With this bravura and memorable opening, Haruki Murakami’s vast, ambitious but flawed novel of everything, 1Q84, leaves the flat-earth world of conventional fiction and begins the long, sometimes thrilling and entertaining, slog to the far distant end of some 900 beautifully written and translated pages. Not unlike flying to Tokyo on the Concorde, taking the long way around with the airbrakes on.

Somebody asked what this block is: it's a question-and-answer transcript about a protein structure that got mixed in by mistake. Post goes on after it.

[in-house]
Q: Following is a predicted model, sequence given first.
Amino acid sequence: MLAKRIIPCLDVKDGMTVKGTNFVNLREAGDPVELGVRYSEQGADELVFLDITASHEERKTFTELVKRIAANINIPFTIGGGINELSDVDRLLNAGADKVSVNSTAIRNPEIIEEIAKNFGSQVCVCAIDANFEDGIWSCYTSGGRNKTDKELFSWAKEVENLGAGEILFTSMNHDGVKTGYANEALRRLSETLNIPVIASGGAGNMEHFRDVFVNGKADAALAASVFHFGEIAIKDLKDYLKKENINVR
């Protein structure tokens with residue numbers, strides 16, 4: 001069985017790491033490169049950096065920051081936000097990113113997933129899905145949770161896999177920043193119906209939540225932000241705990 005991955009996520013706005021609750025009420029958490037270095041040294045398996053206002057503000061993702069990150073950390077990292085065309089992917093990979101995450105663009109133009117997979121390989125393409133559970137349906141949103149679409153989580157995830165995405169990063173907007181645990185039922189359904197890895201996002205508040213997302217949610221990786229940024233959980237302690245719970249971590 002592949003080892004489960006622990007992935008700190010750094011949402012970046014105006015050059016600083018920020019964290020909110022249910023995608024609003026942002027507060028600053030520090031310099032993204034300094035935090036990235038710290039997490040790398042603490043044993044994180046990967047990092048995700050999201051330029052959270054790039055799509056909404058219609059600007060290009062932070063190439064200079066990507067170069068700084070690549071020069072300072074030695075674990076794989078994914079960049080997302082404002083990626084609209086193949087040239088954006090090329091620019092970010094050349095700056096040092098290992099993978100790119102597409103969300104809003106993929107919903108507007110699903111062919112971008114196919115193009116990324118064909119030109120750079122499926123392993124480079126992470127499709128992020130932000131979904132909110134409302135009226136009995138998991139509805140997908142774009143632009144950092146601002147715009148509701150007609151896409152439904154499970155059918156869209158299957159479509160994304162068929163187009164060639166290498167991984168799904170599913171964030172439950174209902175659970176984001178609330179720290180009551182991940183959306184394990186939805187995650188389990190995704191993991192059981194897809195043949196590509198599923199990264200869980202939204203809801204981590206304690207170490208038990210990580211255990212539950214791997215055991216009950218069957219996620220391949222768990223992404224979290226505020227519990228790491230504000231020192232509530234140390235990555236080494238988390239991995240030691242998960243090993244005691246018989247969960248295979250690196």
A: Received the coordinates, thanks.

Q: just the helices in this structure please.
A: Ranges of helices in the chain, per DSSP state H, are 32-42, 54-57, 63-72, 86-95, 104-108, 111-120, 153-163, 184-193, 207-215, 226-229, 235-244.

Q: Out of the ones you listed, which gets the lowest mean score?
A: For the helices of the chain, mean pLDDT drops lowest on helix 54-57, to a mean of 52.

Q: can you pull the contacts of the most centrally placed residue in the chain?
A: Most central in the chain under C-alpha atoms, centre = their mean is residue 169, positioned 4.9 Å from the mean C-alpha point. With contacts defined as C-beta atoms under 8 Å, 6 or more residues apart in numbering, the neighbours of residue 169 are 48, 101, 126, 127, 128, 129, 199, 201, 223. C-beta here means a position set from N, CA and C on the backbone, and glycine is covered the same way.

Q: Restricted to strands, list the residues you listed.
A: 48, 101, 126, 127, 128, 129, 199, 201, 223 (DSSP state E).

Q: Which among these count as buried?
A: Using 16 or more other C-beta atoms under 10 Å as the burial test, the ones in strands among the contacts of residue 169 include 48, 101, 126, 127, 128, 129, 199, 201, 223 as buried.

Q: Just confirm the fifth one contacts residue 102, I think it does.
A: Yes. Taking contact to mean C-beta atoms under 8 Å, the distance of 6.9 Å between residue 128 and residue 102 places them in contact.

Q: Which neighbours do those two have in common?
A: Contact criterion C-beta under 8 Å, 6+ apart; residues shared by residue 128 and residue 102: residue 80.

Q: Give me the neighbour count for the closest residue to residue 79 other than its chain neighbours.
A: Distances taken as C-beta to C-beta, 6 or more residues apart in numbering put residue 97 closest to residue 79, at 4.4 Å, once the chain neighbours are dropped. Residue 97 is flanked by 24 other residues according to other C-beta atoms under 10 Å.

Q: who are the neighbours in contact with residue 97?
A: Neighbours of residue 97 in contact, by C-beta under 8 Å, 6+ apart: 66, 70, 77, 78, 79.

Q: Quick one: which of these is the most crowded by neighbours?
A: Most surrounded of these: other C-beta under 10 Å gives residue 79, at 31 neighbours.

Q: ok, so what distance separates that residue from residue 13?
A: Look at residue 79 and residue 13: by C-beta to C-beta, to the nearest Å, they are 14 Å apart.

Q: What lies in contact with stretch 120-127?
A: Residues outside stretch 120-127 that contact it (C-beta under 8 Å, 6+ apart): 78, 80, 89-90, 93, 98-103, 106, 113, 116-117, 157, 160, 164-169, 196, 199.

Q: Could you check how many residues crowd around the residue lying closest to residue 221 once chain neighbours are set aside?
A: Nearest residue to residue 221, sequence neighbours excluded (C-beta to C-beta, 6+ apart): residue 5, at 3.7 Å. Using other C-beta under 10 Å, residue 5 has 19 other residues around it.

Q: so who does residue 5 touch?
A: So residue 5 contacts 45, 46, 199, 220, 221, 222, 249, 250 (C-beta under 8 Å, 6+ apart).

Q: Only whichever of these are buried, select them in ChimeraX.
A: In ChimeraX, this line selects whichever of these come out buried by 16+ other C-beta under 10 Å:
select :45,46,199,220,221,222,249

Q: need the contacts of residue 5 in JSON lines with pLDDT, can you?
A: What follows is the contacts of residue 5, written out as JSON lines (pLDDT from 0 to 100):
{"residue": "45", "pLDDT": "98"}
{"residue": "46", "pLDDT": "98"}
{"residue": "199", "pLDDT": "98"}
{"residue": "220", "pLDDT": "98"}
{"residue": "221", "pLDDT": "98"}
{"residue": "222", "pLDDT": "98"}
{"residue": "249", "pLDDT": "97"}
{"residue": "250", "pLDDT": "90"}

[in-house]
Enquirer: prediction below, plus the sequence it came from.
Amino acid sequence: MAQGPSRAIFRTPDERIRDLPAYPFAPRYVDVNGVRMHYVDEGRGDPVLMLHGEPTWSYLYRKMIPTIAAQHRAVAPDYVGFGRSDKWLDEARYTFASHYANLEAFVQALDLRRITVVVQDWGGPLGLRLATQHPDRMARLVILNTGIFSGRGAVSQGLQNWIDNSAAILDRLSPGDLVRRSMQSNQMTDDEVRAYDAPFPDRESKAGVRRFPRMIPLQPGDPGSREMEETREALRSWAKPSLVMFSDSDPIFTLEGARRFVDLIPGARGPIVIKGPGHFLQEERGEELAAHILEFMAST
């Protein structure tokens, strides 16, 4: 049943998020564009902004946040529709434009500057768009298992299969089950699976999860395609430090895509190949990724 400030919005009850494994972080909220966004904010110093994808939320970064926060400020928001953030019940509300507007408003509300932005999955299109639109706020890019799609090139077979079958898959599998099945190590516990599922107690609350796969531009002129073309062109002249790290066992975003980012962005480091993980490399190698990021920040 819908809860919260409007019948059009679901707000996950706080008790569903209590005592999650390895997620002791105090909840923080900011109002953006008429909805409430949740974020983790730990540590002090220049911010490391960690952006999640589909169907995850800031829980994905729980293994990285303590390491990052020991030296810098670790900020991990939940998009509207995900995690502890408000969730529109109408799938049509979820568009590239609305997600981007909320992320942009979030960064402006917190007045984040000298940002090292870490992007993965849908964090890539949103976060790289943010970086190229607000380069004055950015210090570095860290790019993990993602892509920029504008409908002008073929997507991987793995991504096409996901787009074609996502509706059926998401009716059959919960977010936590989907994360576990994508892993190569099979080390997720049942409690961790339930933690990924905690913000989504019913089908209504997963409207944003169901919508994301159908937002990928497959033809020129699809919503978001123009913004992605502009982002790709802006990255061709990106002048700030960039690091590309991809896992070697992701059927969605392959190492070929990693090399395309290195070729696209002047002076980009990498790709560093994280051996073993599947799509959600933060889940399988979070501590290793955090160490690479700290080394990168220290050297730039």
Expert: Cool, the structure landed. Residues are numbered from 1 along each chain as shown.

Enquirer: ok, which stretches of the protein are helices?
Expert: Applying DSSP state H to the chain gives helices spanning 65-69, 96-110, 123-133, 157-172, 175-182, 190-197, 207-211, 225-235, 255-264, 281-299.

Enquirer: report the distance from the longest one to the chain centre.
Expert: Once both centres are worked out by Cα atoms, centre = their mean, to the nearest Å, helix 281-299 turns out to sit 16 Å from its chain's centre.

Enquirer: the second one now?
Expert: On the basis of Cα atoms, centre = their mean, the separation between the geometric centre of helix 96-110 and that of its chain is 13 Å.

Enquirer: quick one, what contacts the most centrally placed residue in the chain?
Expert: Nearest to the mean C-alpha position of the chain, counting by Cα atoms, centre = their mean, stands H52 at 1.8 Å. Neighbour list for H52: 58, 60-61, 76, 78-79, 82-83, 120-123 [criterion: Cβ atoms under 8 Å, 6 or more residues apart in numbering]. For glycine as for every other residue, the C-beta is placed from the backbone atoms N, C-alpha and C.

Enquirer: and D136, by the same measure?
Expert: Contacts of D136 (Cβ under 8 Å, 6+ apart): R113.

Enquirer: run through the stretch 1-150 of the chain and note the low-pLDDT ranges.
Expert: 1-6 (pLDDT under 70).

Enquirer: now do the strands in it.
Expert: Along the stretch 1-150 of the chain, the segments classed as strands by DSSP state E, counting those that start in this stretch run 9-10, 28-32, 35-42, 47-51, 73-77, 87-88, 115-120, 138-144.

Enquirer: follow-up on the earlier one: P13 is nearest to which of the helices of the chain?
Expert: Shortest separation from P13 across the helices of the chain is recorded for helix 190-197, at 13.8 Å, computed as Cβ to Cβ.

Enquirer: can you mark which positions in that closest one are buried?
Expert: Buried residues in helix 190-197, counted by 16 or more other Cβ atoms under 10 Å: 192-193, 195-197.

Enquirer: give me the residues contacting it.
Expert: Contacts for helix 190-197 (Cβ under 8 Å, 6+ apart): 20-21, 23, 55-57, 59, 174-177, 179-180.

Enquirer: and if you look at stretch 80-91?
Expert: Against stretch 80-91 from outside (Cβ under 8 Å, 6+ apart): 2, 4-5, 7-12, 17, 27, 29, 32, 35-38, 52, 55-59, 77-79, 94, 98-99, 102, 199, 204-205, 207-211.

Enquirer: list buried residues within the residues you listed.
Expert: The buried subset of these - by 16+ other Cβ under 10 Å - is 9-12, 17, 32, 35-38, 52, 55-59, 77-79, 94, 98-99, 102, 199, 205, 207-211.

So, the title: 1Q84. The Japanese word for the number nine is kyu. The year 1984 is thus spoken sen kyu-haku hachi-juu shi-nen. The use of the English letter Q is a multilingual pun, signifying to the Japanese reader (and should to anybody else), “we ain’t in Kansas anymore.” Reality has changed. Old rules don’t necessarily apply. We see that a weird novella named Air Chrysalis is rewritten, conspiracies are hatched, passions explode, people die, lovers are lost, puzzles and questions posed. While 1Q84 is indeed a novel of everything, probing notions of reality, truth, death, religion, identity, time, connections, pop culture, anger, duality, mirrors and strange sex (the novels of Thomas Pynchon or David Foster Wallace and the stories of Jorge Luis Borges come to mind), it is not an envelope-pushing, hard-to-follow postmodern pyrotechnical fizz-fest. At its heart, it is a love story, sometimes achingly romantic.